The loss of the marketing department’s influence: is it really happening? And why worry?

Abstract

Although research and managerial practice have demonstrated great interest in the role of marketing departments within firms and have raised repeated concerns that their influence is in sharp decline, prior research has not analyzed whether marketing departments are truly losing ground. To do so, we build on the work of Homburg et al. (1999), which assessed the influence of the marketing department two decades ago. Drawing on structurally equivalent data, the results demonstrate that the marketing department has indeed lost significant influence. Additionally, we analyze which department has benefited from this loss of influence. Interestingly, it is the sales department that has gained influence, rather than the finance department, as one might assume. We also study the performance consequences of the intraorganizational distribution of influence among the marketing, sales, R&D, operations, and finance departments. Our results are alarming because an influential marketing department makes the greatest contribution to company performance.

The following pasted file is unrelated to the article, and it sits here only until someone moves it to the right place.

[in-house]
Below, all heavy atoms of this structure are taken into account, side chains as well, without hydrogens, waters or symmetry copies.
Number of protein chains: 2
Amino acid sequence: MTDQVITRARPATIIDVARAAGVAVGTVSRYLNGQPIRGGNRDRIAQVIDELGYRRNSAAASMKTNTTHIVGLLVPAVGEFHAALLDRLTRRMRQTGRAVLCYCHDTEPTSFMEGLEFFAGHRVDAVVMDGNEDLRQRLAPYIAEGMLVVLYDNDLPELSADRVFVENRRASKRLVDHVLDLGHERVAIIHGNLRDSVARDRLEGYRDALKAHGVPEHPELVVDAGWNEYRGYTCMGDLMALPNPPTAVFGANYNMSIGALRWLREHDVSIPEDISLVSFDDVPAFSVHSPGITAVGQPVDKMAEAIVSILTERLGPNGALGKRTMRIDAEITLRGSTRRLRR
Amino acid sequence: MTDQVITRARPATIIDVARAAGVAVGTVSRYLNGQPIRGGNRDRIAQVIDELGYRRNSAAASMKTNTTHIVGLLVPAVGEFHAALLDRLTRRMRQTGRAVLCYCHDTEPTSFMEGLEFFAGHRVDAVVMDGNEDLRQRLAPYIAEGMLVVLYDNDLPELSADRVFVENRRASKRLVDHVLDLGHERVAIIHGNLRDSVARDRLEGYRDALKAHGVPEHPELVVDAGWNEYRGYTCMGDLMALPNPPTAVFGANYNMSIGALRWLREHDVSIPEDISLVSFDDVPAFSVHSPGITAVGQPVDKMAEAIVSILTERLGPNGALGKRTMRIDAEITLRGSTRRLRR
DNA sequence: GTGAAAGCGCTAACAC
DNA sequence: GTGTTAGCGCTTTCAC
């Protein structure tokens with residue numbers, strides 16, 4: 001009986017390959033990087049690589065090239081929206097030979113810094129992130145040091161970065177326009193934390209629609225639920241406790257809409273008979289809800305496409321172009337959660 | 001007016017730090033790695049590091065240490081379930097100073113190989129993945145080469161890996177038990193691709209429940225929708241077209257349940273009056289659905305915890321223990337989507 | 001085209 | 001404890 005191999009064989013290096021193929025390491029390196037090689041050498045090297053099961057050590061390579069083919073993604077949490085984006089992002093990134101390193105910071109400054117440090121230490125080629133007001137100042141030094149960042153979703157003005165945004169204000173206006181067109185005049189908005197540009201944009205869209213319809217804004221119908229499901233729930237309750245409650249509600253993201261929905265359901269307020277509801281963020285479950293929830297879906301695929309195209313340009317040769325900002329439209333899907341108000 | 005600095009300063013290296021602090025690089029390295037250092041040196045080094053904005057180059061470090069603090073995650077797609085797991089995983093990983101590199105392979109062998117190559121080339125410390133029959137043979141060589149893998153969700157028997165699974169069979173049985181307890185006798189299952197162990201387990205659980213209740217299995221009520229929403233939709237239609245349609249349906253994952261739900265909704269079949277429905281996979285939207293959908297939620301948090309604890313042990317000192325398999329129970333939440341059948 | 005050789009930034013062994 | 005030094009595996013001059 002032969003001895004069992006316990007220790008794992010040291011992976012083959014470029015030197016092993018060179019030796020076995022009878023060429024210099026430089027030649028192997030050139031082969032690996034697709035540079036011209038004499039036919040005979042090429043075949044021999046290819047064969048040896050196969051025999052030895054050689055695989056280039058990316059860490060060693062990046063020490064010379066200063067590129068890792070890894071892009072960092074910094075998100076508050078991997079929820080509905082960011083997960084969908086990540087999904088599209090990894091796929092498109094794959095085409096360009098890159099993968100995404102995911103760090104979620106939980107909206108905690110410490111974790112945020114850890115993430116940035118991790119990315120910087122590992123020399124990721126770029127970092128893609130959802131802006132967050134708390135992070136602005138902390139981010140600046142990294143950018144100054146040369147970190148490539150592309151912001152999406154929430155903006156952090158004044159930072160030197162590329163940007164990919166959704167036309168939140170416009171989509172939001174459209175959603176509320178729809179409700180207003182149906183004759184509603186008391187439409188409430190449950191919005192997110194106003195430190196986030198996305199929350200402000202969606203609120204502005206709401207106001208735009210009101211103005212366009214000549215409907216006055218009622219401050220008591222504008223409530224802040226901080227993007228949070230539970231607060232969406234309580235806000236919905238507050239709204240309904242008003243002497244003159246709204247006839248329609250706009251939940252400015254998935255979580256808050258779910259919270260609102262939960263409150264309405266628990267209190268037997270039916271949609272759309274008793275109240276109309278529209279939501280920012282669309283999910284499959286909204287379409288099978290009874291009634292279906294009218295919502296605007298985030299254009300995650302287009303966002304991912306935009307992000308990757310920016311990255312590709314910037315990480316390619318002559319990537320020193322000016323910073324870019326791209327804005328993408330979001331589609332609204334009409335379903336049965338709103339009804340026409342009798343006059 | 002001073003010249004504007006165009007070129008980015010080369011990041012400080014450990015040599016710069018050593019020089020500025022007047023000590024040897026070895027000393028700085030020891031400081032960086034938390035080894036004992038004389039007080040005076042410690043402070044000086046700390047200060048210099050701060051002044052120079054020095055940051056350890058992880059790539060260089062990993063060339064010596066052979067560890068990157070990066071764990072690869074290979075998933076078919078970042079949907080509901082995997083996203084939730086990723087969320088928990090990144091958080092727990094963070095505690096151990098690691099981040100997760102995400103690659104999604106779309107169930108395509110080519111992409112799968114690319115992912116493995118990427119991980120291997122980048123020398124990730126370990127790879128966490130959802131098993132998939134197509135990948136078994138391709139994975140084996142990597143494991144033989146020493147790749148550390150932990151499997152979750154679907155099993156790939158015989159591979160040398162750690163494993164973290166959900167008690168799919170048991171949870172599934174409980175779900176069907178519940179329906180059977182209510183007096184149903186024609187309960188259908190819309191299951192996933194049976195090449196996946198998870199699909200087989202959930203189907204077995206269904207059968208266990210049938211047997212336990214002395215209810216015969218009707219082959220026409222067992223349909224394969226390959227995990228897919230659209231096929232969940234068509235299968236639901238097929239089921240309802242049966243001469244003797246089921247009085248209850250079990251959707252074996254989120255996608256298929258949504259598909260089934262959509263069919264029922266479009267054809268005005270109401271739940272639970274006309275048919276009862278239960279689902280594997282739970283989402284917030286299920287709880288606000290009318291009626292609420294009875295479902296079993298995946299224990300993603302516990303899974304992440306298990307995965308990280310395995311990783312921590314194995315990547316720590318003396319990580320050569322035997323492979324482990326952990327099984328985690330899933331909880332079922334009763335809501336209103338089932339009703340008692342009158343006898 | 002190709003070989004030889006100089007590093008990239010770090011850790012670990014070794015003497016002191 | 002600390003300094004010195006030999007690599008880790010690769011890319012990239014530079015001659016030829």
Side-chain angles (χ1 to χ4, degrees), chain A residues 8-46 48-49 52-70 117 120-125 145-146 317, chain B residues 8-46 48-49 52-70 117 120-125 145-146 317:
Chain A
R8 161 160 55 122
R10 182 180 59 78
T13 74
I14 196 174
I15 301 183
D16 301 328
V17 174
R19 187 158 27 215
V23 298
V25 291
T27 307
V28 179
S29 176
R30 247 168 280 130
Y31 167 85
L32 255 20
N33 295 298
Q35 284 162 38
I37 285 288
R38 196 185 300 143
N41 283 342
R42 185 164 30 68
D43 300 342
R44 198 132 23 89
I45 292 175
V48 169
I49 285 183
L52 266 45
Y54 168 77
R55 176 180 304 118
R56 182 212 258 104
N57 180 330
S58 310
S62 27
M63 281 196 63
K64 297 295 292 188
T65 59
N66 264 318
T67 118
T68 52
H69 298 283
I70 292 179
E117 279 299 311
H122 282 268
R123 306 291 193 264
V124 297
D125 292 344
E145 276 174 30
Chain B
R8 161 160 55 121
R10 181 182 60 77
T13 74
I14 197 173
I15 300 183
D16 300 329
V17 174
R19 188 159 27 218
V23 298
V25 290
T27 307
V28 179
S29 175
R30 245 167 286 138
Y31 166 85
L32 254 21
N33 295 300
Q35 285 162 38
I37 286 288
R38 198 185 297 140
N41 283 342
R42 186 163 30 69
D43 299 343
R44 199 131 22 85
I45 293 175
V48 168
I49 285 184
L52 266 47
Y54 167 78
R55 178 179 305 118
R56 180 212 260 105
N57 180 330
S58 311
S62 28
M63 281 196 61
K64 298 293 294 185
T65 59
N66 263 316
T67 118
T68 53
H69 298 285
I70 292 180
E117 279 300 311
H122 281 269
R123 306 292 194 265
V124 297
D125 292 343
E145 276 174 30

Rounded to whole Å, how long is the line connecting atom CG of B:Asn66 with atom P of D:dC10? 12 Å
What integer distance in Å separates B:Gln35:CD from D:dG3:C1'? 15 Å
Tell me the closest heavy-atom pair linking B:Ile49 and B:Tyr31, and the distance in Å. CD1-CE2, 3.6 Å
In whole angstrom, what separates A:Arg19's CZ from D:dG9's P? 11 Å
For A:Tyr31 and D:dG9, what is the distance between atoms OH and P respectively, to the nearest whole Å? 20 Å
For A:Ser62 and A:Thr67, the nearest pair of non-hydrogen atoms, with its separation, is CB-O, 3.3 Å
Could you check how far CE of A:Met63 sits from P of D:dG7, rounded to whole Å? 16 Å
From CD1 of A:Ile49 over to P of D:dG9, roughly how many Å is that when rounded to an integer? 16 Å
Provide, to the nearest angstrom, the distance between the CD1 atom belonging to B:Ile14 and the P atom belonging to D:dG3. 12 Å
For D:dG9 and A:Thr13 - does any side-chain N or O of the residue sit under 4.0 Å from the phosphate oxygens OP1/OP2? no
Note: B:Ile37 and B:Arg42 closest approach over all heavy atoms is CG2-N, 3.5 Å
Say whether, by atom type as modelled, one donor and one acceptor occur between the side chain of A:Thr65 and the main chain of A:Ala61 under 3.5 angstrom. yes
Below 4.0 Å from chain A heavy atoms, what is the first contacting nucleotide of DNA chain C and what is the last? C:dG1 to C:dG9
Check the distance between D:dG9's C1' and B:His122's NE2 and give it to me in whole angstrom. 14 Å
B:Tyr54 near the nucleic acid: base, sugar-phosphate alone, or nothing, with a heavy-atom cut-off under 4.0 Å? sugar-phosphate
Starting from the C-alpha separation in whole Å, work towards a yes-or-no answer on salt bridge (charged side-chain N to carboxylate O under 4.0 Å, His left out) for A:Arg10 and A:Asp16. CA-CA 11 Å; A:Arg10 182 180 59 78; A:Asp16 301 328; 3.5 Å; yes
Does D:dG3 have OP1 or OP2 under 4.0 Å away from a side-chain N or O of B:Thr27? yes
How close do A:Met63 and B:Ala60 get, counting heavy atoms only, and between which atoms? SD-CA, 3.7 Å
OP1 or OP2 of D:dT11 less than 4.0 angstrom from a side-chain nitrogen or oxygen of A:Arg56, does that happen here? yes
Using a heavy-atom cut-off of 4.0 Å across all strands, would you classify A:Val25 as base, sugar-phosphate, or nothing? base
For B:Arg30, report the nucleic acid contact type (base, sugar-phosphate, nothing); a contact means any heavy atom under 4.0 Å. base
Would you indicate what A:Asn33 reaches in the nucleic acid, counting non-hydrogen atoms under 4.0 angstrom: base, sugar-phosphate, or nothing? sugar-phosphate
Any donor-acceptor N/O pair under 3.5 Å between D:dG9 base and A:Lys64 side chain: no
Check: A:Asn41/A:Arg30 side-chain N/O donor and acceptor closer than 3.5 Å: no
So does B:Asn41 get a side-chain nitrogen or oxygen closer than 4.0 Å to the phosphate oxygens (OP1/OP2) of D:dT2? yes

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Correspondence to Christian Homburg.

Appendix

Appendix

Table 5 Measures, items, measurement, item reliabilities (IR), composite reliability (CR), average variance extracted (AVE), and Cronbach’s alpha (CA)

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Homburg, C., Vomberg, A., Enke, M. et al. The loss of the marketing department’s influence: is it really happening? And why worry?. J. of the Acad. Mark. Sci. 43, 1–13 (2015). https://doi.org/10.1007/s11747-014-0416-3

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Keywords

  • Marketing department’s influence
  • Sales department’s influence
  • Marketing function
  • Firm performance